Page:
Simple Pleasures: Clean Windows with Poem

Window in Living RoomWe bought our house in part for its good light. It has a small 1905 footprint, only about 30 feet by 20 feet, but it also has lots of casement windows, the old kind with weighted sashes, as well as fixed plate glass, newer combinations, and skylights in the attic. Lots of high windows.

Even the ground floor, windows are far above our heads, most of them, and our house is tall and narrow, with three floors. This means washing the windows is a job for professionals, which means it is quite expensive, which means it happens infrequently.

Northfield Historical Society

Northfield Historical Society

All this combines to render a dramatic transformation on those rare occasions when the windows are freshly washed. This happened last week, and the magic is still fresh. Now, instead of glancing out the window and thinking, “Is it raining? I can’t quite tell”, because of the accumulation of grime, I can see as clearly as through crystal clean water. The foreman of the crew–who thanked me for the board book about cows I’d given him for his new baby on his last visit four years ago–could it have been that long?–complimented us on the wavy glass set in the old frames.

Window with Green Frame

The equinotical light, long and slanted this time of year, is a thing of beauty as it tumbles the images of green leaves, white clouds, and blue sky into our house. At dawn and sunset, pink and gold fires light themselves for a few moments in cool, smokeless splendor before winking out.

Northfield Arts Guild

Northfield Arts Guild

When our windows are clean, it seems to me as though I see everything in my life with more clarity and precision. Architecturally, windows are derived from doors. Etymologically, the word “window” is derived from the Old Norse words for “wind” and “eye”.

Plaza Hotel--Milwaukee

Plaza Hotel–Milwaukee

And so, in praise of windows and window washers, I would like to share these photographs taken over several years, as well as a short new poem.

Clean Window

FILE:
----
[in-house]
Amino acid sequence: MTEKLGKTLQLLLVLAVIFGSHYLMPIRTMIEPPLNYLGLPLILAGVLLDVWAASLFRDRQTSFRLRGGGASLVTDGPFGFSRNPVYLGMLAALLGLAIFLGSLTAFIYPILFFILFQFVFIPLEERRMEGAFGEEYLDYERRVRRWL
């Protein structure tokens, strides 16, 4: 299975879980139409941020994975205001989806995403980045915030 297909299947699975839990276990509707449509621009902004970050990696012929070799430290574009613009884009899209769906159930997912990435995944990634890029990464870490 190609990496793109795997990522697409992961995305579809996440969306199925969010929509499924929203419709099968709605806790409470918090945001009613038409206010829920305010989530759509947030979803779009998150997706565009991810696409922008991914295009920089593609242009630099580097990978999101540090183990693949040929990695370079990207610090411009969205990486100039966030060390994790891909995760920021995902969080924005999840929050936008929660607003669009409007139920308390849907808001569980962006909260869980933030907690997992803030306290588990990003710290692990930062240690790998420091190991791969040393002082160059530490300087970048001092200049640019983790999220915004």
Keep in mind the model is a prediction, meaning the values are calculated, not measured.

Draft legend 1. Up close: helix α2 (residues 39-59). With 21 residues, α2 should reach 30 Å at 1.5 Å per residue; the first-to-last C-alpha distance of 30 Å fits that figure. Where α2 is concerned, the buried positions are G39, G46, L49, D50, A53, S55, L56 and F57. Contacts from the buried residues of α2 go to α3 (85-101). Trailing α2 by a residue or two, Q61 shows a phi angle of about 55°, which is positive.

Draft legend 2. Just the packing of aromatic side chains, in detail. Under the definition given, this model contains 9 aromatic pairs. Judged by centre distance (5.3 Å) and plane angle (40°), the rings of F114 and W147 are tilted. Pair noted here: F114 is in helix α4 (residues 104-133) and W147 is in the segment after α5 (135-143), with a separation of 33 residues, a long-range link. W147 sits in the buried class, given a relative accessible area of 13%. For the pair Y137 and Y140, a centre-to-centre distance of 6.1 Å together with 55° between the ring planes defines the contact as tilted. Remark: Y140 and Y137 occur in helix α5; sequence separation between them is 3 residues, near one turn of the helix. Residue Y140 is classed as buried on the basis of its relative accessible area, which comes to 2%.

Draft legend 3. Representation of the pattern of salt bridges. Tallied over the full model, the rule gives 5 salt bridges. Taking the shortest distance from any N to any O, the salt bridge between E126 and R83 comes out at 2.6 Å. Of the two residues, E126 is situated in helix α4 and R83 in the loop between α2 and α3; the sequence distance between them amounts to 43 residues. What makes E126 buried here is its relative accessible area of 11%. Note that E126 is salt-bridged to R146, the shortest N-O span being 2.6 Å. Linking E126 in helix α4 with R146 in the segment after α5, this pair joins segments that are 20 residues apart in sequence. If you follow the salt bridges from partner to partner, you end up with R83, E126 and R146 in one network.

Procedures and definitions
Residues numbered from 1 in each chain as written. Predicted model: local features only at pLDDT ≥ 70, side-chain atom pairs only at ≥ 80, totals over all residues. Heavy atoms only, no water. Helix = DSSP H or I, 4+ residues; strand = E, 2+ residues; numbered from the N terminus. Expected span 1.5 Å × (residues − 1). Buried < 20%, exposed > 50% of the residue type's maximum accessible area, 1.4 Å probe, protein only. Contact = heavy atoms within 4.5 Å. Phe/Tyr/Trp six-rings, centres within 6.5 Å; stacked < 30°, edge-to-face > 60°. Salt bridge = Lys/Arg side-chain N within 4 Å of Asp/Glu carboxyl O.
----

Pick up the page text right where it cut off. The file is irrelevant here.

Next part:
Wind door. Sun door. Door
for soft breeze and summer rain,
lens for clear vision.







Thank you for reading this! If you think of someone else who might enjoy it, please forward it to them. And, if you are not already a subscriber, I invite you to subscribe to the Wednesday posts I am sending out each week–it’s easy, it’s free, and I won’t share your address with anyone!

Northfield Post Office

Northfield Post Office


6 thoughts on “Simple Pleasures: Clean Windows with Poem

  1. Hi Hope,

    Thank you for the note of encouragement! Those windows are looking out on a rainy weekend just now, for the autumn is settling in, and the leaves will release soon so the light will change yet again. As this quiet, predictable drama plays out outside, I am planning the next several posts–many with poems! I hope you’ll enjoy them. It is fun to have the freedom to try something new each week.


  2. Leslie,

    What a wonderful window into a season in your life! Just love your winonamedia poems, photos and perspectives. I enjoy being transported to special places in your world each week. Keep it up!

    Hope x

  3. Thank you for sharing about the Russian etymology of windows–fascinating! I am so glad you enjoyed this post.

  4. What a lovely post at this time of the year when the light means so much to us! Even the anticipation of the winter darkness makes your “good weather” poem stand out. By the way, the Russian word for “window” is “okno,” and it also comes from the old Slavic word for “eye” – “oko.”

    Your post is such a pleasure to read! Thank you so much!

  5. Among other things, I love how it brings my “northern garden” inside and (sort of paradoxically) gets me outside into the garden. Just spent a lovely half-hour pulling weeds!

Leave a Reply

Your email address will not be published. Required fields are marked *